One of the leading scientists in advancing modern evolutionary theory was Sewall Wright. His work on inbreeding, mating systems and genetic drifta mechanism for evolutionary change resulting from the random fluctuations of gene frequencies (e.g. from... More
made him, along with R. A. Fisher and J.B.S. Haldane, the founders of population geneticsthe study of human heredity, its mechanisms and related biological variation. Heredity may be studied... More
theory. Their work was the basis of modern evolutionary synthesis also referred to as neo-Darwinian synthesis.
The inbreeding coefficient and F-statistics, which are standard tools in population genetics, were developed by Wright. His contribution to the mathematical theory of genetic drift led to its designation as the Sewall Wright effect; this theory represents cumulative changes in genea unique combination of bases (see base pairs) that creates a specific part of our... More frequencies that arise from random births, deaths, and Mendelian segregations in reproduction. Wright was involved in a longstanding argument with Fisher, who was convinced that most populations in nature were too large for the effects of genetic drift to be important.
Another important scientist involved in reconceptualizing genotypic and phenotypic variation was anthropologist C. Loring Brace. Brace was responsible for the observation that these variations, insofar as they were affected by natural selectiona mechanism for evolutionary change favoring the survival and reproduction of some organisms over others... More, migration or genetic drift, were distributed along geographic gradations called clines. This conclusion drew attention to the fact that phenotypic-based descriptions of races ignore numerous other similarities and differences, such as blood type, which do not correlate highly with racea recent idea created by western Europeans following exploration across the world to account for... More. This led anthropologist Frank Livingstone’s to conclude that “there are no races, only clines.”
Theodosius Dobzhansky, an American geneticist born in Russia, is known for his basic work in genetics and conducted much of his research with fruit flies. His writings include Genetics and the Origin of Species (1937), a summary of contemporary knowledge of genetics; Evolutionthe transformation of a species of organic life over long periods of time (macroevolution) or... More, Genetics, and A (1955); and Mankind Evolving: The Evolution of the Human Species (1962), which explores cultural and biological evolution.
- In 1939, race scientist Carleton Coon published The Races of Europe. By 1950, Coon had co-authored Races: A Study of the Problem of Race Formation in Man with colleagues Stanley Garn and Joseph Birdsell. In Race Formation, a placebased concept of race–a multi-regional theory–emerged that countered the neo-Darwinian interpretation of biological variability, which emphasized natural selection. With multi-regional theory, races were conceptualized as geographical races, whose defining characteristics were seen as the byproduct of adaptation through natural selection based on environmental factors. His hierarchal ranking resembled the scientific racismthe use of race to establish and justify a social hierarchy and system of power... More of the early twentieth century.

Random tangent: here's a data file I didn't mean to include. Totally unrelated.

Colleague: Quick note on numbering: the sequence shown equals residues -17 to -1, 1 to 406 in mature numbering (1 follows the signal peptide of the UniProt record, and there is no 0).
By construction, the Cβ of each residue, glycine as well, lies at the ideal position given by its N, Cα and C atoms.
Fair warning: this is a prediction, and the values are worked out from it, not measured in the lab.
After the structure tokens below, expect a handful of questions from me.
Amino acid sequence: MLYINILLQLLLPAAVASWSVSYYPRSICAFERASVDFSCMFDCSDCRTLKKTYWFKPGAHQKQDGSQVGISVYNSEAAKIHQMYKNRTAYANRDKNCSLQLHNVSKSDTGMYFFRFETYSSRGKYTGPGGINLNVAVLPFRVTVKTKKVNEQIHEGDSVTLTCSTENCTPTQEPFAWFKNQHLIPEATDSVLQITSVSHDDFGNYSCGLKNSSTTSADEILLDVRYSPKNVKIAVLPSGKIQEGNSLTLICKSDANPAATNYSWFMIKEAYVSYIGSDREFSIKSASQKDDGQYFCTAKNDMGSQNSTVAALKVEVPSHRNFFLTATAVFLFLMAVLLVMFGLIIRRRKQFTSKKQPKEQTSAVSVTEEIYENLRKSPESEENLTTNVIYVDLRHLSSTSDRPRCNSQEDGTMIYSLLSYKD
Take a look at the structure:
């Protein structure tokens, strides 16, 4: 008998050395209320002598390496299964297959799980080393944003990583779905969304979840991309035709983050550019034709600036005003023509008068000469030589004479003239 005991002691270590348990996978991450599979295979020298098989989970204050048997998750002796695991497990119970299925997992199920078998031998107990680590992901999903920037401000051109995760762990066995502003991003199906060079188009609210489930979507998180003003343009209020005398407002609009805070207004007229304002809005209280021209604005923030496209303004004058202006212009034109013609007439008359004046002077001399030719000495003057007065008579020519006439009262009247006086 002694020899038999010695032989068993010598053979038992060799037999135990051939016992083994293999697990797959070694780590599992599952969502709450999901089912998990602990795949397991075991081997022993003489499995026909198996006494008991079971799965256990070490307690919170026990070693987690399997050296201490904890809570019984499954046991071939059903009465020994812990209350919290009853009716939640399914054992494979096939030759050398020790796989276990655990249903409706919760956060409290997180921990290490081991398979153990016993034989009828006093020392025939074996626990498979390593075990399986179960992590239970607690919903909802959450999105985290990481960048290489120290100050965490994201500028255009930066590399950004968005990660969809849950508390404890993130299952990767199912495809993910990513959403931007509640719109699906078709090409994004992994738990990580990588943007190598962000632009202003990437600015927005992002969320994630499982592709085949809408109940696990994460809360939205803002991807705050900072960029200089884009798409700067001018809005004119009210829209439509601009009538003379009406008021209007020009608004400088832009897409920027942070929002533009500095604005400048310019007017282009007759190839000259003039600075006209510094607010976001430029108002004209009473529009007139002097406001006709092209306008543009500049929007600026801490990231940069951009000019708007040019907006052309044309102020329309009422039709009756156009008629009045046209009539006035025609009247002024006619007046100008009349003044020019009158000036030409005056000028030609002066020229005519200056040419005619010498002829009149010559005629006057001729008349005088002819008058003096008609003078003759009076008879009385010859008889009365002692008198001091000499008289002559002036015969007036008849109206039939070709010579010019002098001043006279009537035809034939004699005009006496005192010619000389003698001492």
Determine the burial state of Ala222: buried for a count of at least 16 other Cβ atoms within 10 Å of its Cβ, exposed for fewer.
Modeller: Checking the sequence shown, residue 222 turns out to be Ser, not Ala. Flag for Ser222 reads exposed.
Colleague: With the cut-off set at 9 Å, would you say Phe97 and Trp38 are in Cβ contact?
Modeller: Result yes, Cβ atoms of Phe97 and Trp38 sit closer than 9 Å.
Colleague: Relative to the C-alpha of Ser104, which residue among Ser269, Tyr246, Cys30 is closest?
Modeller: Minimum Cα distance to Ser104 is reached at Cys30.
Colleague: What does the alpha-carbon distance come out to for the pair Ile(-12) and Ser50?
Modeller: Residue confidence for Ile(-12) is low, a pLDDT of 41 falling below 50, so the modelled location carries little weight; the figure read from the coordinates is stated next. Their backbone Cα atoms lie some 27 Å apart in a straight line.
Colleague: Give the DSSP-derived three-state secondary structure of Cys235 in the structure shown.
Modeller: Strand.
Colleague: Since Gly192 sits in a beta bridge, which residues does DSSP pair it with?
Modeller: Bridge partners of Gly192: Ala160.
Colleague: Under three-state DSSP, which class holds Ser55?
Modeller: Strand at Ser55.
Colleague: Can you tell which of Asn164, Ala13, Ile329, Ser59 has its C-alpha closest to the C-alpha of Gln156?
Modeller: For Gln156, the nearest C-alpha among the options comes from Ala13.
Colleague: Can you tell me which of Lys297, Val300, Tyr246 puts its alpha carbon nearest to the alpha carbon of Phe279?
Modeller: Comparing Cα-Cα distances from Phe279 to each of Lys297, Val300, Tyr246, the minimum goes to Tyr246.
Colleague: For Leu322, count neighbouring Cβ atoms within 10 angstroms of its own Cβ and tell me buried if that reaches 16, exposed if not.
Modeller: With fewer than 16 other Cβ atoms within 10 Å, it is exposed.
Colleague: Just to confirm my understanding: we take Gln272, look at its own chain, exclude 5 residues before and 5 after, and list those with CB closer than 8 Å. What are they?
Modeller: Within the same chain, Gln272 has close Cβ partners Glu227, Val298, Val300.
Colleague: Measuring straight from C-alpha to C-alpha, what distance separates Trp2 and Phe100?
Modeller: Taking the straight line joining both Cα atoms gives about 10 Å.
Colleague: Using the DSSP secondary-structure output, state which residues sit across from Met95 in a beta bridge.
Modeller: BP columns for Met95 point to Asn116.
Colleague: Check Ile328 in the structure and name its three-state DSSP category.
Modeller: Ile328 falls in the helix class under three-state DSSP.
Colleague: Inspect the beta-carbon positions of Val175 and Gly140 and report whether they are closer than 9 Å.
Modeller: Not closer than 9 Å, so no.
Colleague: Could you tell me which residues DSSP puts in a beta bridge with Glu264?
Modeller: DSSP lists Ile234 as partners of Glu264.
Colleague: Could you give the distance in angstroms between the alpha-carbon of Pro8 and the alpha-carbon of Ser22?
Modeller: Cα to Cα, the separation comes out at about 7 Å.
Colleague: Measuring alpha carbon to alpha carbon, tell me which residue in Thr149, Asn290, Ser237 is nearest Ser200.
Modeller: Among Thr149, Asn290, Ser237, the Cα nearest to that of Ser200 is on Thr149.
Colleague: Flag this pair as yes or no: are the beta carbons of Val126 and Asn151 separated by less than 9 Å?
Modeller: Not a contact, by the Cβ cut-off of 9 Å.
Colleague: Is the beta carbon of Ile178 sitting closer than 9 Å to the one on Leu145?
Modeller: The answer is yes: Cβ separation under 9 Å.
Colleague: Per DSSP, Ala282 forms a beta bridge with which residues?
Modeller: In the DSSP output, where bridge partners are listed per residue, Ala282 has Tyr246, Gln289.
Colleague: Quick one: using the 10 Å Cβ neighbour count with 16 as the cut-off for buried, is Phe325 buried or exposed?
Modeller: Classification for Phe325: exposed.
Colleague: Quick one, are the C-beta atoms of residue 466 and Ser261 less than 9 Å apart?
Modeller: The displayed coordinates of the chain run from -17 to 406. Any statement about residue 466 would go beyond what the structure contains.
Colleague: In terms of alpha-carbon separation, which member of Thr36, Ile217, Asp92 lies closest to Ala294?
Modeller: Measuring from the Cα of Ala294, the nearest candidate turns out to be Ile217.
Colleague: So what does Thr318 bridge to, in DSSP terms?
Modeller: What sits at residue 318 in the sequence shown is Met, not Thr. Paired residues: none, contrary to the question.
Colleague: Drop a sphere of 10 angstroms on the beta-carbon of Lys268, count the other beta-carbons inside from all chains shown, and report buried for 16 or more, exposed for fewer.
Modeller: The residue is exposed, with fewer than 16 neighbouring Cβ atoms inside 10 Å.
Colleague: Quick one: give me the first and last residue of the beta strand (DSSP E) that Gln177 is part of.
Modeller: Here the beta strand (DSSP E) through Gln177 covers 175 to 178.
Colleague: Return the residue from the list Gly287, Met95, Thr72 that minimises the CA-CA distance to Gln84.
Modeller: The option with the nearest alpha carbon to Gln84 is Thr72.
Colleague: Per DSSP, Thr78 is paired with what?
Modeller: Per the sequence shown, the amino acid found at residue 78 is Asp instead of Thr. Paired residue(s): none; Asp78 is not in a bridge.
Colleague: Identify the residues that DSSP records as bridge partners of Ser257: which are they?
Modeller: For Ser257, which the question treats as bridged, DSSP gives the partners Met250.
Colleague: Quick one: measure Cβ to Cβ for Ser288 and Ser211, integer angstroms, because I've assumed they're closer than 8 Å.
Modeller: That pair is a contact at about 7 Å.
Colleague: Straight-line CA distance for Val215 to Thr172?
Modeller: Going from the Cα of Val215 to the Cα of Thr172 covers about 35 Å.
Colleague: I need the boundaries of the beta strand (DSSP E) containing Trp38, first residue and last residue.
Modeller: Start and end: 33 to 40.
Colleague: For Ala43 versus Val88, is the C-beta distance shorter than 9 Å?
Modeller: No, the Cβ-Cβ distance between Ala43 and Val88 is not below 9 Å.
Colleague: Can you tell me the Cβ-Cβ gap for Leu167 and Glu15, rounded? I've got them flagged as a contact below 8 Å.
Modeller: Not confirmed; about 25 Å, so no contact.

- American immunochemist William C. Boyd co-authored a publication entitled Races and People with Isaac Asimov in 1958. A worldwide survey of the distribution of blood types made by Boyd and his wife Lyle in the 1930s showed that blood groups are inherited and not influenced by environment. Genetic analysis of blood groups led him to hypothesize that the population differences between human races are found in alleles. This hypothesisa proposed explanation of observed facts. A scientific hypothesis must be testable. More prompted him to divide the world population into 13 geographically distinct races with different blood group gene profiles.
- Harvard professor Richard Lewontin helped establish the field of molecular evolution in a pair of papers that he co-authored with J.L. Hubby in the journal Genetics in 1966. Lewontin, an evolutionary biologist, geneticist and social commentator, helped establish the mathematics of population genetics and evolutionary theory. He found that the proportion of human variationthe differences that exist among individuals or among groups of individuals regarded as populations. Anthropologists... More that could be statistically explained by race was insignificant in a 1972 article. If it could be found that the relative degree of variation among races was significant compared to the variation within a single race, then race could be a statistically valid concept; however, if the relative degree of variation among races was not significant compared to the variation within a race, then race would have to be seen as a less statistically valid measure of biological differences. A series of papers using larger data sets have replicated Lewontin’s results, demonstrating that statistically ‘race’ does not explain a great deal about human variation. Neo-Darwinian theories which explain animal behavior and social structures in terms of evolutionary strategy-which has been controversially applied to humans, and seen as genetic determinism-as espoused by sociobiologists and evolutionary psychologists such as Edward O. Wilson and Richard Dawkins, has drawn criticism from Lewontin. His opinion is that a more careful understanding of the context of the whole organism as well as its environment is required for a more complete understanding of evolution.